Who is Carl Wilhelm Scheele? What did Carl Wilhelm Scheele discover?


Who is Carl Wilhelm Scheele? What did the chemist Carl Wilhelm Scheele discover? Information on Carl Wilhelm Scheele biography, life story, discoveries, works and contributions.

Carl Wilhelm Scheele

Source : wikipedia.org

Carl Wilhelm Scheele; (1742-1786), Swedish chemist who was the uncredited discoverer of oxygen. Scheele was born in Stralsund, Sweden (now Germany), on Dec. 9, 1742. Seventh in a family of eleven children, he was apprenticed to an apothecary in Göteborg, Sweden, at the age of 14 and remained a pharmacist for the rest of his life—in Malmo, Stockholm, Uppsala, and, after 1775, in Koping. In those days pharmacists prepared their own drugs, and minerals, not infrequently becoming deeply engaged in chemical research.

As a discoverer of new substances, Scheele was unparalleled in the history of chemistry. Among organic compounds he isolated tartaric acid early in his career and gallic acid, malic acid, citric acid, and oxalic acid in the last years of his short life. Among inorganic compounds he was the first to isolate the toxic gases hydrogen sulfide, hydrogen fluoride, and hydıogen cyanide. He also discovered the colored compound copper arsenite—now called Scheele’s green—and was the first to demonstrate the presence of calcium phosphate in bone.

It is in connection with the chemical elements, however, that he achieved his greatest fame. He either discovered or greatly contributed to the discovery of manganese, nitrogen, oxygen, tungsten, barium, molybdenum, and chlorine. Yet it was Scheele’s misfortune that in each case the credit for the discovery went else-where. Thus, he actually isolated and described chlorine in 1774 but did not recognize it as an element. The credit went to Sir Humphry Davy in 1810 for demonstrating its elementary nature. Worse yet, Scheele discovered oxygen as early as 1771, but the description of his experiments was delayed through the negligence of his publisher, so that Joseph Priestley, whose discovery was three years later than Scheele’s, published first and received the credit.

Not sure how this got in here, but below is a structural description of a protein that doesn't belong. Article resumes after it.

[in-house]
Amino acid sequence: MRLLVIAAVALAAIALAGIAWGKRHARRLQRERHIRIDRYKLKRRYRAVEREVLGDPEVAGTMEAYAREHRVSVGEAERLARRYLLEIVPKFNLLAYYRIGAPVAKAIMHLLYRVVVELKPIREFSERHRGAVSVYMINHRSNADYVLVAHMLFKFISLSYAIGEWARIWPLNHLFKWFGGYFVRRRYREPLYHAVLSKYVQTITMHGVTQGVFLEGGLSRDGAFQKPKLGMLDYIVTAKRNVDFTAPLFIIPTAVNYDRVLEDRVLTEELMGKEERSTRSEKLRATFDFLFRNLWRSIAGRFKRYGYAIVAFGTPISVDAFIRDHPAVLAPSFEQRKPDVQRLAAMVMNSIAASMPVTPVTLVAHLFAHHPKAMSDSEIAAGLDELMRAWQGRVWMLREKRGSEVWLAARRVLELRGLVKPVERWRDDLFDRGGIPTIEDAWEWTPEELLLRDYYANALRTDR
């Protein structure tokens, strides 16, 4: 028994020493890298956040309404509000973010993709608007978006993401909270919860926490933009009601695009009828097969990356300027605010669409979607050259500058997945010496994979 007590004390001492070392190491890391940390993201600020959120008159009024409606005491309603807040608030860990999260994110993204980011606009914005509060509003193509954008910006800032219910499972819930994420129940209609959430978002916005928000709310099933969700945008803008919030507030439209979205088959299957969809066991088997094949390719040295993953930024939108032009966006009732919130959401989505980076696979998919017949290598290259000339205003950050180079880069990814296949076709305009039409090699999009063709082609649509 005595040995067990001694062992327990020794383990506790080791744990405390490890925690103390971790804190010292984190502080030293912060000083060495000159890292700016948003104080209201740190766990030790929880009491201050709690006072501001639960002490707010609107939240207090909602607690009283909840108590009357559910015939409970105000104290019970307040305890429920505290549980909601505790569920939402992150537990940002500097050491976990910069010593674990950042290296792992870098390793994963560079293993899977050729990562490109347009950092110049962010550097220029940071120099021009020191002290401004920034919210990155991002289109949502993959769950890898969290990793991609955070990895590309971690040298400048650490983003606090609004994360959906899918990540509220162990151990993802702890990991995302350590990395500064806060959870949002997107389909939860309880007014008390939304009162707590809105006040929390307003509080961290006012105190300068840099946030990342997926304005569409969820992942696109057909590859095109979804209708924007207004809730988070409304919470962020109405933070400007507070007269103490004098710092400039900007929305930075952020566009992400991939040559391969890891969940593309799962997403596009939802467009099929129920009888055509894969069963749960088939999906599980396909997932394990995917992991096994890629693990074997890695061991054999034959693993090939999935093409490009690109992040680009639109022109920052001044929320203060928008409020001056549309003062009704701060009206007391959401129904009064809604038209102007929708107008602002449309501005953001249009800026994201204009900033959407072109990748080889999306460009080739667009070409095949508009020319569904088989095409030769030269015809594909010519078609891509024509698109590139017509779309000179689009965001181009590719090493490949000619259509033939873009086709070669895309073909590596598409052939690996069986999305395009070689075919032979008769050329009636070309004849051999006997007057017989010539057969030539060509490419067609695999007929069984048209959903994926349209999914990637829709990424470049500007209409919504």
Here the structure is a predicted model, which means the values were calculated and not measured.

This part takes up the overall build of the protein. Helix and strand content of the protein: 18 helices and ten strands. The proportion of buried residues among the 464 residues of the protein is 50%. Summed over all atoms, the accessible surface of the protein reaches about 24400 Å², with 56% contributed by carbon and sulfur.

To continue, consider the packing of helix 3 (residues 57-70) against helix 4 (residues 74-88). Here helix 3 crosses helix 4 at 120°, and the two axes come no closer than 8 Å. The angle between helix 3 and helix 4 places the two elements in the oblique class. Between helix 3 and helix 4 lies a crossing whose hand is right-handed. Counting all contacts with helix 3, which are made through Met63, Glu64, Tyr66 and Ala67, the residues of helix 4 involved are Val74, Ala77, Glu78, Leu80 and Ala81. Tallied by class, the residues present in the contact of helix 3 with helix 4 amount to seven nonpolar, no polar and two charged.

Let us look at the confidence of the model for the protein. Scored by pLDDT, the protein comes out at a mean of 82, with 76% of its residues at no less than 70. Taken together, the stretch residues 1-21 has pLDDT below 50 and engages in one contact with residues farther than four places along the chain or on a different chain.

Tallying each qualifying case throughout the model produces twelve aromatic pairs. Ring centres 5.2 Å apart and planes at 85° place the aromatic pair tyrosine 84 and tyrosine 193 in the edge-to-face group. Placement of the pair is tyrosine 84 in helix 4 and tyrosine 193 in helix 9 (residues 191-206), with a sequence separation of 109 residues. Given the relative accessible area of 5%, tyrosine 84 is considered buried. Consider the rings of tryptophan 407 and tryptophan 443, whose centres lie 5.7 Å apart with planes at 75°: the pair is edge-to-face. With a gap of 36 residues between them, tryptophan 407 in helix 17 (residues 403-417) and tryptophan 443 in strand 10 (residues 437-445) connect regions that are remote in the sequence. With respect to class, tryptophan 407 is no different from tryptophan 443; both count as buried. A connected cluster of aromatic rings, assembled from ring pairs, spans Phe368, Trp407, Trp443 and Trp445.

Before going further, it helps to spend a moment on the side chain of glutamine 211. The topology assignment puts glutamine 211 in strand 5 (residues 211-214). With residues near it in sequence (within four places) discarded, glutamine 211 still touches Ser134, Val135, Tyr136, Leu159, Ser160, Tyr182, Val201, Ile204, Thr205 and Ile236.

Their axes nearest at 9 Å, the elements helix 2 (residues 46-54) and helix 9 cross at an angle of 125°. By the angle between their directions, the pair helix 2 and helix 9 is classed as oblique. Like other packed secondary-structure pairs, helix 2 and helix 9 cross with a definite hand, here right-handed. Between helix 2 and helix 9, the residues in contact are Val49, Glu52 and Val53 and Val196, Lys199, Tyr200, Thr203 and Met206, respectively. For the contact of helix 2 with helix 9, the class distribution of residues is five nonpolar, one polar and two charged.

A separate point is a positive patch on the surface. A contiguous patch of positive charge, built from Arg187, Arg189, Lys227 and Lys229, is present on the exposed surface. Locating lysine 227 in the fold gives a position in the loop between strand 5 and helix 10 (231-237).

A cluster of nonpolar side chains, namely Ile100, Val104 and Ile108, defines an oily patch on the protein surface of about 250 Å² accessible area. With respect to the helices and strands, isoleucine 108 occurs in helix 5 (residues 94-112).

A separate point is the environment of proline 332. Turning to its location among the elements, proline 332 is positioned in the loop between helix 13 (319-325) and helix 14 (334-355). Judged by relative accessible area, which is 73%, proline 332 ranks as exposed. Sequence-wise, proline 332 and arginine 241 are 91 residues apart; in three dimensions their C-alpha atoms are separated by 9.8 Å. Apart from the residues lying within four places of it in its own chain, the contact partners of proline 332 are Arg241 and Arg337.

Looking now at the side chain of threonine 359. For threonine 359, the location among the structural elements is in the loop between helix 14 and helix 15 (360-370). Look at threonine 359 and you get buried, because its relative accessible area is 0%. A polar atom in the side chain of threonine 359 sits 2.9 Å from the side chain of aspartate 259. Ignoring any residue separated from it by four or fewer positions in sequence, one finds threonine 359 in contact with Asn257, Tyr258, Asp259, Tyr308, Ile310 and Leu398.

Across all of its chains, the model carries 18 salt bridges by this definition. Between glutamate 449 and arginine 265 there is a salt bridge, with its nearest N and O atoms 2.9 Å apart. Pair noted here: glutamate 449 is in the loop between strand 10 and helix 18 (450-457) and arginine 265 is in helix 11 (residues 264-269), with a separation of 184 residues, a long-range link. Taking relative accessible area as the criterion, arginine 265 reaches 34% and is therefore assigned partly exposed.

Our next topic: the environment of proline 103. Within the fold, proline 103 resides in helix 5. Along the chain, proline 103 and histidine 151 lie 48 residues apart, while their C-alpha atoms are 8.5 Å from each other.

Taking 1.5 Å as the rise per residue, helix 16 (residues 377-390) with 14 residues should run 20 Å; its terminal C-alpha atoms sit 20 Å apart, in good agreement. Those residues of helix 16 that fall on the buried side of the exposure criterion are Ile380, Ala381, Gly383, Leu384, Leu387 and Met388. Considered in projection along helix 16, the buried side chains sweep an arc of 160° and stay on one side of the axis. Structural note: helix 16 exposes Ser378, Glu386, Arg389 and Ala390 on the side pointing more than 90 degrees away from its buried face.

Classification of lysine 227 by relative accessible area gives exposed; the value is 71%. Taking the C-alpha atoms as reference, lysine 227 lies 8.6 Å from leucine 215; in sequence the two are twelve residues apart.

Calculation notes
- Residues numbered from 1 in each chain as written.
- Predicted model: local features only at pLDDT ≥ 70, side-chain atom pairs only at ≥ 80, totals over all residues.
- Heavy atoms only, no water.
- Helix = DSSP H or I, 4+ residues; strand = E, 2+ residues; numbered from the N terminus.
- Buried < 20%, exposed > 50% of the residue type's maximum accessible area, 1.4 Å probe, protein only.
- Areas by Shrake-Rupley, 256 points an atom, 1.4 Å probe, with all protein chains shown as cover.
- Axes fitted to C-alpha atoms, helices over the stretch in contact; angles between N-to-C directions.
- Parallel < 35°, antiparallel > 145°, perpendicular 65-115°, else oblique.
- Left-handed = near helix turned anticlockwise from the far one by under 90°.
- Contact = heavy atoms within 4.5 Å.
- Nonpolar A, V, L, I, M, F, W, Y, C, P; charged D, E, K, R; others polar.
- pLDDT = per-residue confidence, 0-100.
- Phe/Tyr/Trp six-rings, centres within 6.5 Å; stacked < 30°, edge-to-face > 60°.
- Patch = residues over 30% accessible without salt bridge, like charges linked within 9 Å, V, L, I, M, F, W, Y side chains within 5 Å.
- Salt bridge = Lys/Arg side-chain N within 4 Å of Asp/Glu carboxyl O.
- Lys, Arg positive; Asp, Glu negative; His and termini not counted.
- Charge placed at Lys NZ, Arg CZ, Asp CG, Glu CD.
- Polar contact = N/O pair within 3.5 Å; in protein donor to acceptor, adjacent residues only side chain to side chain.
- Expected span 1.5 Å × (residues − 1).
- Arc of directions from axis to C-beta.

There remains to Scheele, however, the fact that the mineral from which he first obtained tungstic acid in 1781 is still called scheelite in his honor.


Scheele suffered from severe rheumatic attacks in the last years of his life. He died in Koping on May 21, 1786, at the age of 43. He never married until three days before his death, and then only in order that the widow of the former owner of the pharmacy that Scheele had purchased in 1776 might inherit and once again own it.


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